1. Given process instance is terminated when it reaches a specific end node.
  2. Any remaining work in the process instance is cancelled.
  3. Overall process instance is recorded as having completed successfully

In WID, we can use Throw and Fault Handler to implement this pattern easily.

Implementation

Figure 7. Explicit Termination Implementation
Explicit Termination Implementation

After the process instance starts, human task Task1 is created. At the same time, Choice will be made to take which branch. If it turns into 1st branch, user-defined exception will be throw, fault handler be enabled, afterwards the process instance will be terminated (marked as "Finished"), and its sub instance, human task instance "Task1" be terminated also.

Run on WebSphere Process Server

After process instance starts, if input id set to "000", choice will go into 1st branch, and we receive:

  1. Process instance be terminated, as below.
Figure 8. Explicit Termination - Process Instance Status
Explicit Termination - Process Instance Status
  1. Sub process instance (Human task instance in this example) be terminated also, as below.
Figure 9. Explicit Termination - Sub Instance Status
Explicit Termination - Sub Instance Status

Trigger Patterns

There are two patterns in this category, including:

  1. Transient trigger
  2. Persistent trigger

These two patterns are used when external signals are required to start certain tasks. They provide a way to deal with transient and persistent triggers.


Transient trigger

This pattern requires task instance can be triggered by a signal from another part of the process or from the external environment. Most important, these triggers are transient in nature and are lost if not acted on immediately by the receiving task.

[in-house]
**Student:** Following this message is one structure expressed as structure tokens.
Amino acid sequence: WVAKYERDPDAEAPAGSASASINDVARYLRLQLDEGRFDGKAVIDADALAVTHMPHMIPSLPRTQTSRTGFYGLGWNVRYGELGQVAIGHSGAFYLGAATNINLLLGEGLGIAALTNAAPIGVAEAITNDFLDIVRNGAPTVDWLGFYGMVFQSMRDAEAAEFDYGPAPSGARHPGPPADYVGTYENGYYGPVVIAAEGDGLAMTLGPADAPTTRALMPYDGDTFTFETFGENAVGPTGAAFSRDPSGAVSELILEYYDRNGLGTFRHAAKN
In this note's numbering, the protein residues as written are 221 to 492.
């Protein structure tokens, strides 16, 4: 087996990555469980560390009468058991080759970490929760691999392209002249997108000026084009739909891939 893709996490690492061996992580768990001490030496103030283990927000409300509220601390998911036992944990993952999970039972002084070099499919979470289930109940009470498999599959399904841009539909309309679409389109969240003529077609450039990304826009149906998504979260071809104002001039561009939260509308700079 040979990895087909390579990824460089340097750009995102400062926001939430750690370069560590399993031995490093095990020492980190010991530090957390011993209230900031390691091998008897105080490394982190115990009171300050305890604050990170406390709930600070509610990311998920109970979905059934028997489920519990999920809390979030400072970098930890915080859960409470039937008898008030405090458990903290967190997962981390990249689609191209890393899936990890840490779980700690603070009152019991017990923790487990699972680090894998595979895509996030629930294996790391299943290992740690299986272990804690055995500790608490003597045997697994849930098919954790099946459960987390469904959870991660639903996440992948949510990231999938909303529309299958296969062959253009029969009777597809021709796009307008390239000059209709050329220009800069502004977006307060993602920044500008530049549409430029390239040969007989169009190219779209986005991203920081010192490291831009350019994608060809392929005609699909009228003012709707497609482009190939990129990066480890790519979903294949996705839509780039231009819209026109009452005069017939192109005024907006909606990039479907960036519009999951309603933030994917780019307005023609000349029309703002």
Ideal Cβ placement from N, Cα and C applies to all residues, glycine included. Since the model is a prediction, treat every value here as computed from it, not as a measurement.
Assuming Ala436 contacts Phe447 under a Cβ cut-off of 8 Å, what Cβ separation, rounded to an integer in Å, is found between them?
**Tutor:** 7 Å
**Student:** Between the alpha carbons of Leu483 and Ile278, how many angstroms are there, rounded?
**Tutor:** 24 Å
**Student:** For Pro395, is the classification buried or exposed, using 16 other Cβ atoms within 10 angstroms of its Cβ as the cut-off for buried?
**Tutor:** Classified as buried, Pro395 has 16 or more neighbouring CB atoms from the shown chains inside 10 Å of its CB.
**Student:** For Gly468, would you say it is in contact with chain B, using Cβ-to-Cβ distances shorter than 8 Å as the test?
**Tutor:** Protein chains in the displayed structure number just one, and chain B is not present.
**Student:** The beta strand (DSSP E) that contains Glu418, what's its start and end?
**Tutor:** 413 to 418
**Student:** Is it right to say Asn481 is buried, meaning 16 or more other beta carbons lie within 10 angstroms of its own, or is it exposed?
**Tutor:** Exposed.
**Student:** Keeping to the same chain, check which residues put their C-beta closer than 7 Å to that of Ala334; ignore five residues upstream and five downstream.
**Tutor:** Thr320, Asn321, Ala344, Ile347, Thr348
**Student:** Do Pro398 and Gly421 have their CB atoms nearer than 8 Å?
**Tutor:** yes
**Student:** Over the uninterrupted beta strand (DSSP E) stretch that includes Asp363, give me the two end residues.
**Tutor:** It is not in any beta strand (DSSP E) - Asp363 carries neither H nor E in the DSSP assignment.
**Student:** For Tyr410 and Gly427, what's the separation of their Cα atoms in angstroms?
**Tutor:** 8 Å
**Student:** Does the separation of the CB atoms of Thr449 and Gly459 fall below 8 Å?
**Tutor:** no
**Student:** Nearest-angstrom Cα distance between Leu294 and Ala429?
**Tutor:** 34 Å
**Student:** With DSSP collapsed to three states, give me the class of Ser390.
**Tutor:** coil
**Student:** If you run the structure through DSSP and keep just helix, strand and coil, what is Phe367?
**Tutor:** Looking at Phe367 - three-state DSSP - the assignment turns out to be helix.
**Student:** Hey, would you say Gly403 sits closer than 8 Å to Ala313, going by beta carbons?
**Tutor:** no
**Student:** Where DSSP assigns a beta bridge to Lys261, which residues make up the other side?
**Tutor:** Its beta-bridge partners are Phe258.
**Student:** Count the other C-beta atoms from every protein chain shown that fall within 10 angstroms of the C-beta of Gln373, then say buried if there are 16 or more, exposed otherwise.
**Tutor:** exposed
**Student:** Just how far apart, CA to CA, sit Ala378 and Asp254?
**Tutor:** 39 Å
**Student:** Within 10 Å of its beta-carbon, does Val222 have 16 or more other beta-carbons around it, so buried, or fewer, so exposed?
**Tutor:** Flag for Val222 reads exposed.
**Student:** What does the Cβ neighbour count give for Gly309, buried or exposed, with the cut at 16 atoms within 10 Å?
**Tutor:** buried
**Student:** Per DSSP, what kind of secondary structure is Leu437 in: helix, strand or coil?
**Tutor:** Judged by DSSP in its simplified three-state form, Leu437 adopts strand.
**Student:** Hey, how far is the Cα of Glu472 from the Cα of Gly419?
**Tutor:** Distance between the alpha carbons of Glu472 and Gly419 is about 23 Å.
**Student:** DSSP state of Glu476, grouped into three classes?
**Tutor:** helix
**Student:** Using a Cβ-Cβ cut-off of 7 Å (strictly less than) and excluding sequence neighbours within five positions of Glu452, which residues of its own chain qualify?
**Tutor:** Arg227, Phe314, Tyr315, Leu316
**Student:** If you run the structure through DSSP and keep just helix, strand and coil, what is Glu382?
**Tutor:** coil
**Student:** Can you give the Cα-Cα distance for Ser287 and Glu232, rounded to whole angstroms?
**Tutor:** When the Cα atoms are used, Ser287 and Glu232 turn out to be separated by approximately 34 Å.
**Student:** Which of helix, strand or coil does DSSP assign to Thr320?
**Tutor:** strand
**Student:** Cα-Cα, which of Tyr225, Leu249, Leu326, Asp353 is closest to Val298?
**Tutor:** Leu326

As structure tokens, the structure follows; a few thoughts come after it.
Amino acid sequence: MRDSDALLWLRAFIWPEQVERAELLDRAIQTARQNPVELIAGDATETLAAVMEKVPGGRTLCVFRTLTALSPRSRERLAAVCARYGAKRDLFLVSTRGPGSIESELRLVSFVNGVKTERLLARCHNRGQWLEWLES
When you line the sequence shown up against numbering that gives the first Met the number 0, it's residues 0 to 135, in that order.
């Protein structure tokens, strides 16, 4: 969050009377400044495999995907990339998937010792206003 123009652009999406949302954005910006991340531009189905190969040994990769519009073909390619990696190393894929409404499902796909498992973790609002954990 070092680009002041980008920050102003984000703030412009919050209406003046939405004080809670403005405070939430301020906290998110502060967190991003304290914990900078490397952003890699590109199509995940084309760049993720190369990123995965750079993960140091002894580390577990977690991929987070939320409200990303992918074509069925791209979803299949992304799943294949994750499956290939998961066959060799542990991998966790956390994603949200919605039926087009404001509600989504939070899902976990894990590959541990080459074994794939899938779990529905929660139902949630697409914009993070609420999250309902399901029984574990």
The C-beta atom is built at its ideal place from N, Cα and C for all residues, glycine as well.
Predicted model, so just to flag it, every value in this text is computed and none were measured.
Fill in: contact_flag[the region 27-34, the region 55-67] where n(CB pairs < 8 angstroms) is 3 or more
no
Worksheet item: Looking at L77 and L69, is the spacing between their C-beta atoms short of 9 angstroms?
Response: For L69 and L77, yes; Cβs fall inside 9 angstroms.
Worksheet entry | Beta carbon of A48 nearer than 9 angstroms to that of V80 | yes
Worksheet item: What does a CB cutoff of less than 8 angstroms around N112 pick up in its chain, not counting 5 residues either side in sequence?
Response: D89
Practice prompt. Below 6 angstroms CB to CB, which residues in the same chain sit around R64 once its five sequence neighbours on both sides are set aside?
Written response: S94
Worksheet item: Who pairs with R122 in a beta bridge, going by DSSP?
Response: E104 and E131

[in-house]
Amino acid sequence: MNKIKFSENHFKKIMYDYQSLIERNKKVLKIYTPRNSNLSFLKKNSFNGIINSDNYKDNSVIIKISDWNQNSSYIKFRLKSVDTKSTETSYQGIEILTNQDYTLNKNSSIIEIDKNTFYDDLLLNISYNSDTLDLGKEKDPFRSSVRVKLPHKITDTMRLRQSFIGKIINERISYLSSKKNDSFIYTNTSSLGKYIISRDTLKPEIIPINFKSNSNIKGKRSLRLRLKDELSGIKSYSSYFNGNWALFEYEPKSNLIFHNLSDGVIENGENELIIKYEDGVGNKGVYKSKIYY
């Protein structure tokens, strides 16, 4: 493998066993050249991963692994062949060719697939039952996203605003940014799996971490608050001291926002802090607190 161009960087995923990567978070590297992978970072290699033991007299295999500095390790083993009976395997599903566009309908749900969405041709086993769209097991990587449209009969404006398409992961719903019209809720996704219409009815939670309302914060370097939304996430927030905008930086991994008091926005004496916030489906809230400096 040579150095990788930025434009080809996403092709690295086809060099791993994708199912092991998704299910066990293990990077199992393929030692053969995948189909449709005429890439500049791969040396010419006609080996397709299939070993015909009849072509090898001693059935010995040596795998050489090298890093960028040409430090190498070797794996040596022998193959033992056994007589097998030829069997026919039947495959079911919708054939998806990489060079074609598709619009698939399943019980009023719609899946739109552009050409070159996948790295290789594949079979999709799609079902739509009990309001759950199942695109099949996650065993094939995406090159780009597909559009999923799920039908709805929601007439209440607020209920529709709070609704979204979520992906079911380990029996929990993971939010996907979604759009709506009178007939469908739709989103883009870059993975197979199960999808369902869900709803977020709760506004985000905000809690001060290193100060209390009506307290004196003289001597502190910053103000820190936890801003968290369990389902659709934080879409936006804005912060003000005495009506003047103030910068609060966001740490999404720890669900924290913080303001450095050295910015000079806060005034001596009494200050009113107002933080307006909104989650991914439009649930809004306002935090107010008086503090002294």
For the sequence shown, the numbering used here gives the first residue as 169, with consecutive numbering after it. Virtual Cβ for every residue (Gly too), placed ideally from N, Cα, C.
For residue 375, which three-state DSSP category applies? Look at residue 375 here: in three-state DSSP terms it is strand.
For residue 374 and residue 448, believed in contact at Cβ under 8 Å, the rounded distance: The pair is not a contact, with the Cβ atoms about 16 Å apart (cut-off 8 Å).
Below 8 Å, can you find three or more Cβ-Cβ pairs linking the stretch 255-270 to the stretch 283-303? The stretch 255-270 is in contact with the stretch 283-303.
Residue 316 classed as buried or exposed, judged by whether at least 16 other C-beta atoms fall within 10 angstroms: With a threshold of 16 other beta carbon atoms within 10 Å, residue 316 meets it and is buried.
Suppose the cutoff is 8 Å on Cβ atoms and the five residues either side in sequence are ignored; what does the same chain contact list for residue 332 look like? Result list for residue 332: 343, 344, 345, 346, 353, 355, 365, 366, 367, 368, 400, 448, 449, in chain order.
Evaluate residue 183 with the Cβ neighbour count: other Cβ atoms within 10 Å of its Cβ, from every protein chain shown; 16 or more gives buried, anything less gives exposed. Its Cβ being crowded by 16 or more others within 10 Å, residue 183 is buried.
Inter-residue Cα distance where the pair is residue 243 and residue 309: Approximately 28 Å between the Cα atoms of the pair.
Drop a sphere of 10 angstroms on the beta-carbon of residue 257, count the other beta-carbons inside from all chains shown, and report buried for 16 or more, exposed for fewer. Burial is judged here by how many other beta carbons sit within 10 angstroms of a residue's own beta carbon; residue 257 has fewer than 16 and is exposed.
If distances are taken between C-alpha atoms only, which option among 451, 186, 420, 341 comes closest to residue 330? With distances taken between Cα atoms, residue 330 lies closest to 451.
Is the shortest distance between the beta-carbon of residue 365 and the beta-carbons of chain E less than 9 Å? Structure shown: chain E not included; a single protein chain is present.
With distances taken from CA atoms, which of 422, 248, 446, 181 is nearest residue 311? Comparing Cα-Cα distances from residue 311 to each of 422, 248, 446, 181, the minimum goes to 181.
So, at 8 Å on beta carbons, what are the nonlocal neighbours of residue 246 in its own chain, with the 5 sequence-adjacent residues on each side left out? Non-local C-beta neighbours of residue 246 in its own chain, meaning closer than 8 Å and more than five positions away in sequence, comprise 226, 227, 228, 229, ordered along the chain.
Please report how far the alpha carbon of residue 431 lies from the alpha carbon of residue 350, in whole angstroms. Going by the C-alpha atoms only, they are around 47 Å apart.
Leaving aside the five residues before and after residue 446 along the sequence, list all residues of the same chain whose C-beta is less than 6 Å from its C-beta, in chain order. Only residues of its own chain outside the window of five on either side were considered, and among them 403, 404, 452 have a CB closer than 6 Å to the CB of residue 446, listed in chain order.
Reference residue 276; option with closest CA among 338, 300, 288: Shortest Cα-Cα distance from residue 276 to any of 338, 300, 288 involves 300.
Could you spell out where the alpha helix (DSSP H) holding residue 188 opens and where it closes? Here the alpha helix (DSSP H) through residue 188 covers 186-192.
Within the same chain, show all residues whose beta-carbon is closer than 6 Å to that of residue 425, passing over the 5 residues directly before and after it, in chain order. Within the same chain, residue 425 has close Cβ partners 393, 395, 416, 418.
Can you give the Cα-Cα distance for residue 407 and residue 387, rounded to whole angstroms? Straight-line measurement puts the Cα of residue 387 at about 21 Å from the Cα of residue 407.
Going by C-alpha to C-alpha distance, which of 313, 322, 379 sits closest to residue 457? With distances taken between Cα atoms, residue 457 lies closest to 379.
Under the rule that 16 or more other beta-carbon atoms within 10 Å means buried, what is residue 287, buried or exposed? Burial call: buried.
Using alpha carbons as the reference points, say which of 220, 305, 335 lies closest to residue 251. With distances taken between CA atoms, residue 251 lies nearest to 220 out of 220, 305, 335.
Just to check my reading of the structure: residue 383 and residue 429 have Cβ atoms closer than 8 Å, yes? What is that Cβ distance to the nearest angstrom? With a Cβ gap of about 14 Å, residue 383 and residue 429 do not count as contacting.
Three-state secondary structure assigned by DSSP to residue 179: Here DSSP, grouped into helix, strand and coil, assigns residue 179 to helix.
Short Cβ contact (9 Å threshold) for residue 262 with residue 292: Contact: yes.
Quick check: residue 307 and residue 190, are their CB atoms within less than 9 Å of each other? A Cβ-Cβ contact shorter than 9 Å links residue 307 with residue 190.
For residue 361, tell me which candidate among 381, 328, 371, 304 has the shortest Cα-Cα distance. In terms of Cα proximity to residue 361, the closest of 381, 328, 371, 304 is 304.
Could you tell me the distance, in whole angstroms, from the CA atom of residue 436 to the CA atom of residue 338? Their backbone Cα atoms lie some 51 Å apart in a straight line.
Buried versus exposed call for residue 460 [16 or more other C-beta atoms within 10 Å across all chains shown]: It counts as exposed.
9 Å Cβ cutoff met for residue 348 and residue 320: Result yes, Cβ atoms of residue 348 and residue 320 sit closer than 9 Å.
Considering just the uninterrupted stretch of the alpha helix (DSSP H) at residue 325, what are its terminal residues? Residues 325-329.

For example, should start the Handle overflow task immediately when dam capacity full signal is received. If that task can not be performed immediately, the trigger is invalid and be irrevocably lost. The full pattern detail description is located here.

Analysis

The focus of this pattern is:

  1. Task instance can be triggered by a signal.
  2. The signal is transient by nature.
  3. If the receiving task can’t be triggered immediately, the signal will be lost.

In WID, we can use a specific business object and Event Handler to implement this pattern.

Implementation

Figure 10. Transient Trigger Implementation
Transient Trigger Implementation

The specific business object (TransientTrigger) is to hold the transient trigger information, especially the trigger fire time. Seen in below picture. When trigger event comes with this business object, process will compare the current time with fire time which is held by TransientTrigger, if the current time – fire time >= 100ms, means the trigger expired, just drop the trigger; or else, trigger is active, Case 2 be executed.

Figure 11. Transient Trigger BO
Transient Trigger BO

Persistent trigger

This pattern requires task instance can be triggered by a signal from another part of the process or from the external environment. Most important, these triggers are persistent in form and are retained by the process until they can be acted on by the receiving task